LGBT rights similar to or like LGBT rights in the United States

Lesbian, gay, bisexual and transgender (LGBT) rights in the United States have evolved in recent decades. Wikipedia

  • LGBT movements in the United States

    Interwoven history of lesbian, gay, bisexual, transgender and allied movements in the United States of America, beginning in the early 20th century and influential in achieving social progress for lesbian, gay, bisexual, transgender and transsexual people. Political ideology and social movement that advocate for the full acceptance of LGBT people in society. Wikipedia

  • LGBT rights in Louisiana

    Lesbian, gay, bisexual, and transgender (LGBT) persons in the U.S. state of Louisiana may face some legal challenges not experienced by non-LGBT residents. Legal in Louisiana, and same-sex marriage has been recognized in the state since June 2015 as a result of the Supreme Court's decision in Obergefell v. Hodges. Wikipedia

  • LGBT rights in Texas

    Lesbian, gay, bisexual, and transgender, queer (LGBT) people in Texas face legal and social challenges and discrimination not faced by other people. Legal in the state. Wikipedia

  • LGBT rights in Oklahoma

    Lesbian, gay, bisexual, and transgender (LGBT) persons in the U.S. state of Oklahoma enjoy most of the rights available to non-LGBT residents. Legal in Oklahoma, and both same-sex marriage and adoption by same-sex couples have been permitted since October 2014. Wikipedia

  • LGBT history in the United States

    LGBT history in the United States spans the contributions and struggles of lesbian, gay, bisexual, and transgender individuals as well as the coalitions they've built. States like California, New Jersey, Colorado, Oregon, and Illinois have public school curricula that legally require LGBT history lessons, including prominent gay people and LGBT-rights milestones, in history classes. Wikipedia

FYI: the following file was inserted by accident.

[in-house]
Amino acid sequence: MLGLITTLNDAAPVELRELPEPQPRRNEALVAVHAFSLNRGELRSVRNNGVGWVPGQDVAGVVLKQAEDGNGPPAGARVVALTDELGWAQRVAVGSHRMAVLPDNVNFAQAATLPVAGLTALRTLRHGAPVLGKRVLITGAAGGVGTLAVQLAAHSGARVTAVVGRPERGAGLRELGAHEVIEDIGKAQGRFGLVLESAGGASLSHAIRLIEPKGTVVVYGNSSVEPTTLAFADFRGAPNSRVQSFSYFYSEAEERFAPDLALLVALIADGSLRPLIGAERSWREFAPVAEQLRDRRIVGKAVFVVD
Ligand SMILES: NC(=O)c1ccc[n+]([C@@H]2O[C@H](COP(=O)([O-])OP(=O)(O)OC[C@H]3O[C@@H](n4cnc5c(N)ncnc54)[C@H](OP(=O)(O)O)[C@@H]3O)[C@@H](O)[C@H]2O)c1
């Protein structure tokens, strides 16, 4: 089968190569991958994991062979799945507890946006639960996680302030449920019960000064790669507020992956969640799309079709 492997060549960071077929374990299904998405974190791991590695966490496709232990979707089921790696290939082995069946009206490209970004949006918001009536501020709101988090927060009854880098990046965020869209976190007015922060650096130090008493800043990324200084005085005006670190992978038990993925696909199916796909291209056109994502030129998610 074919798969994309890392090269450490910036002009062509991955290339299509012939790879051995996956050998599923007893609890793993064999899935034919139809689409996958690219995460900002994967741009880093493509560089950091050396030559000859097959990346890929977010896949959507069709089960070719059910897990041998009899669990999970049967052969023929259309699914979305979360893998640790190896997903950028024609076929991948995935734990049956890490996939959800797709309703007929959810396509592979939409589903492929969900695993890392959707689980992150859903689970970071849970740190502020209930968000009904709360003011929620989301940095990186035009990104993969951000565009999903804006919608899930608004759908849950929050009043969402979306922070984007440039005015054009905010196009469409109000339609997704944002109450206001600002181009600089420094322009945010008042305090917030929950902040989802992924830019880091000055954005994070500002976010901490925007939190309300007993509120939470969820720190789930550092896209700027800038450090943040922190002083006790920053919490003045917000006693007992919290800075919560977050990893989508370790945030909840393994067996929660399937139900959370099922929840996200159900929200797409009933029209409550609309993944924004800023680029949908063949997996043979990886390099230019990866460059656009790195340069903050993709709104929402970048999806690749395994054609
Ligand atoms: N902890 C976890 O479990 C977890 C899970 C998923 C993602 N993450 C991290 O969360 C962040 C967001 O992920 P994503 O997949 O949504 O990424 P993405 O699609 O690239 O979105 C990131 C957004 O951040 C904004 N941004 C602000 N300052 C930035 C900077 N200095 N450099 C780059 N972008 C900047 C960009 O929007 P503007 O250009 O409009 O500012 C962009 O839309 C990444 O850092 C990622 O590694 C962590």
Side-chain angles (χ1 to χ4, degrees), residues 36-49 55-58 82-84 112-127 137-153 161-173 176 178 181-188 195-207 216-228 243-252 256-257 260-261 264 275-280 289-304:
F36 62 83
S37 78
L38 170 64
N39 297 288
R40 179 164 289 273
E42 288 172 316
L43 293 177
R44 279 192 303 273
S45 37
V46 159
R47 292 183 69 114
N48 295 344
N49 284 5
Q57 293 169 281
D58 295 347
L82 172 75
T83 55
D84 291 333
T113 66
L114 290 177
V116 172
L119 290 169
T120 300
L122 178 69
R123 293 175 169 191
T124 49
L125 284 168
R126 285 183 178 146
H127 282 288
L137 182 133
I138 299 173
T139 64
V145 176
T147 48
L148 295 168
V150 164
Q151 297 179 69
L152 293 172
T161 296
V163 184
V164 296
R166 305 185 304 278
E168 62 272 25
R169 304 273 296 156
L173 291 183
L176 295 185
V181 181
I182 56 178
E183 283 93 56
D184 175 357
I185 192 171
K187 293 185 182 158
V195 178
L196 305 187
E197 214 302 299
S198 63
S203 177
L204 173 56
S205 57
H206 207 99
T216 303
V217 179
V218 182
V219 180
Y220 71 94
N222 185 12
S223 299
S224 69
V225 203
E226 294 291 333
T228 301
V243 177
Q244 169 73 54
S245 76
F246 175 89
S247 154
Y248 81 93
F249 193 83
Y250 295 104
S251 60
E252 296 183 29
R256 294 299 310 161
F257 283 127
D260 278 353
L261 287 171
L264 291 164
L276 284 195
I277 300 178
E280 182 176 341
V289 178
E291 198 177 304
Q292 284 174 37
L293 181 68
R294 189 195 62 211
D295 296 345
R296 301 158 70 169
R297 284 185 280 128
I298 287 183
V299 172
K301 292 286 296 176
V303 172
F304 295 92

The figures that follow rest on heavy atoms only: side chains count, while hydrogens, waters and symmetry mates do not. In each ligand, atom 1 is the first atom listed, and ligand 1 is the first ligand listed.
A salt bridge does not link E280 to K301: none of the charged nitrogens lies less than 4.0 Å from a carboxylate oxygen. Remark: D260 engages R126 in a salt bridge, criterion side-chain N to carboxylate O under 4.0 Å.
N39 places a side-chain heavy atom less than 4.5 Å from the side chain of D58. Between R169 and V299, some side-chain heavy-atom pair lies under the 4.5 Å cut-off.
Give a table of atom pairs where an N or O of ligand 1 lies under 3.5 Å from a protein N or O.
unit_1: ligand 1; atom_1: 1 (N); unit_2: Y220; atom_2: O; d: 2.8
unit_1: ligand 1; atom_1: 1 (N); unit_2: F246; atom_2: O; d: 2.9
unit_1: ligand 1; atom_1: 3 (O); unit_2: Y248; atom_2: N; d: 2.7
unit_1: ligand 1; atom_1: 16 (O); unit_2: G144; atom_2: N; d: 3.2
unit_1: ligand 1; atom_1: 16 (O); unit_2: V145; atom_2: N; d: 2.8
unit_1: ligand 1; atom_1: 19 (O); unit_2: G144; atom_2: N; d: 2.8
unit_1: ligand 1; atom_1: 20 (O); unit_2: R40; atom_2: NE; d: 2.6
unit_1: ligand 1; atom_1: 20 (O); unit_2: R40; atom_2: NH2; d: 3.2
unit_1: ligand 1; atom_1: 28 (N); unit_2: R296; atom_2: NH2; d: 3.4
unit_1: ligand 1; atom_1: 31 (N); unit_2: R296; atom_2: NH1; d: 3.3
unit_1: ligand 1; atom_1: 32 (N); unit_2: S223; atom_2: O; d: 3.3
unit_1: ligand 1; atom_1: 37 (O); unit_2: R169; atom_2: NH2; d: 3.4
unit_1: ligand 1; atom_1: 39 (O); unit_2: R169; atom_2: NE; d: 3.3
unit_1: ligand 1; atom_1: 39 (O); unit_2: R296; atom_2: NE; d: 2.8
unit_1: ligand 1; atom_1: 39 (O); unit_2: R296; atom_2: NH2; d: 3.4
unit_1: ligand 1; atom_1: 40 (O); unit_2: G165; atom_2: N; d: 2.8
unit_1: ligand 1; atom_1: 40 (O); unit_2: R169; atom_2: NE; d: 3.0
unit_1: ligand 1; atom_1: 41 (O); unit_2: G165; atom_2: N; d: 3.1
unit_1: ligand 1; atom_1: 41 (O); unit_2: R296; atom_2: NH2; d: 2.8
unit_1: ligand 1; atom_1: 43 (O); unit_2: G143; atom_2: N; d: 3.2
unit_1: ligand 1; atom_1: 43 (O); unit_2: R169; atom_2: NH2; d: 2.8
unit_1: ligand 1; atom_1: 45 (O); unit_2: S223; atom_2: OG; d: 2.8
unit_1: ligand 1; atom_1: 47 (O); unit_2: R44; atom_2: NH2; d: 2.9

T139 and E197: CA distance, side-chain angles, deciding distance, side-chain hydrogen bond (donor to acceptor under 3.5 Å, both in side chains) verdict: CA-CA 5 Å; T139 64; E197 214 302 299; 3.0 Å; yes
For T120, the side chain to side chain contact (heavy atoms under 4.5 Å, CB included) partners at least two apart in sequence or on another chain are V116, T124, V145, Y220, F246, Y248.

• Timeline of notable events in the history of the lesbian, gay, bisexual, and transgender community in the United States. It also, among other things: Wikipedia

  • LGBT rights in Kansas

    Lesbian, gay, bisexual, and transgender (LGBT) people in Kansas may face some legal challenges not experienced by non-LGBT residents. Legal in Kansas, and the state has prohibited discrimination on the basis of sexual orientation and gender identity in employment, housing and public accommodations since 2020. Wikipedia

  • LGBT rights in Nevada

    Lesbian, gay, bisexual, and transgender (LGBT) persons in the U.S. state of Nevada enjoy the same liberties experienced by non-LGBT Nevadans. Same-sex marriage has been legal since October 8, 2014, due to the federal Ninth Circuit Court of Appeals ruling in Sevcik v. Sandoval. Wikipedia

  • LGBT rights in Mississippi

    Lesbian, gay, bisexual, and transgender (LGBT) persons in the U.S. state of Mississippi face legal challenges and discrimination not experienced by non-LGBT residents. LGBT rights in Mississippi are limited in comparison to other states. Wikipedia

  • LGBT rights in Florida

    Lesbian, gay, bisexual, and transgender (LGBT) people in the U.S. state of Florida may face legal challenges not experienced by non-LGBT residents. Same-sex sexual activity became legal in the state after the U.S. Supreme Court's decision in Lawrence v. Texas on June 26, 2003, and same-sex marriage has been legal in the state since January 6, 2015. Wikipedia

  • LGBT rights in Ohio

    Lesbian, gay, bisexual, and transgender (LGBT) persons in the U.S. state of Ohio may face some legal challenges not experienced by non-LGBT residents. Legal in Ohio, and same-sex marriage has been legally recognized since June 2015 as a result of Obergefell v. Hodges. Wikipedia

  • LGBT rights in Illinois

    Seen as one of the most progressive states in the United States in regard to lesbian, gay, bisexual and transgender rights and often viewed as one of the most liberal states in the Midwestern United States. Same-sex sexual activity has been legal since 1962, after Illinois became the first U.S. state to repeal its sodomy laws. Wikipedia

  • LGBT rights in Idaho

    Lesbian, gay, bisexual and transgender (LGBT) people in the U.S state of Idaho face some legal challenges not experienced by non-LGBT people. Legal in Idaho, and same-sex marriage has been legal in the state since October 2014. Wikipedia

  • LGBT rights in Nebraska

    Lesbian, gay, bisexual, and transgender (LGBT) persons in the U.S. state of Nebraska may face some legal challenges not experienced by non-LGBT residents. Legal in Nebraska, and same-sex marriage has been recognized since June 2015 as a result of Obergefell v. Hodges. Wikipedia

  • LGBT rights in Arizona

    Lesbian, gay, bisexual, and transgender (LGBT) people in the U.S. state of Arizona may face legal challenges not experienced by non-LGBT residents. Legal in Arizona, and same-sex couples are able to marry and adopt. Wikipedia

  • LGBT rights in Utah

    Rights for lesbian, gay, bisexual, and transgender (LGBT) people in Utah are among the most extensive in the United States. Protective laws have become increasingly enacted since 2014, despite the state's reputation as socially conservative and highly religious. Wikipedia

  • LGBT rights in Alabama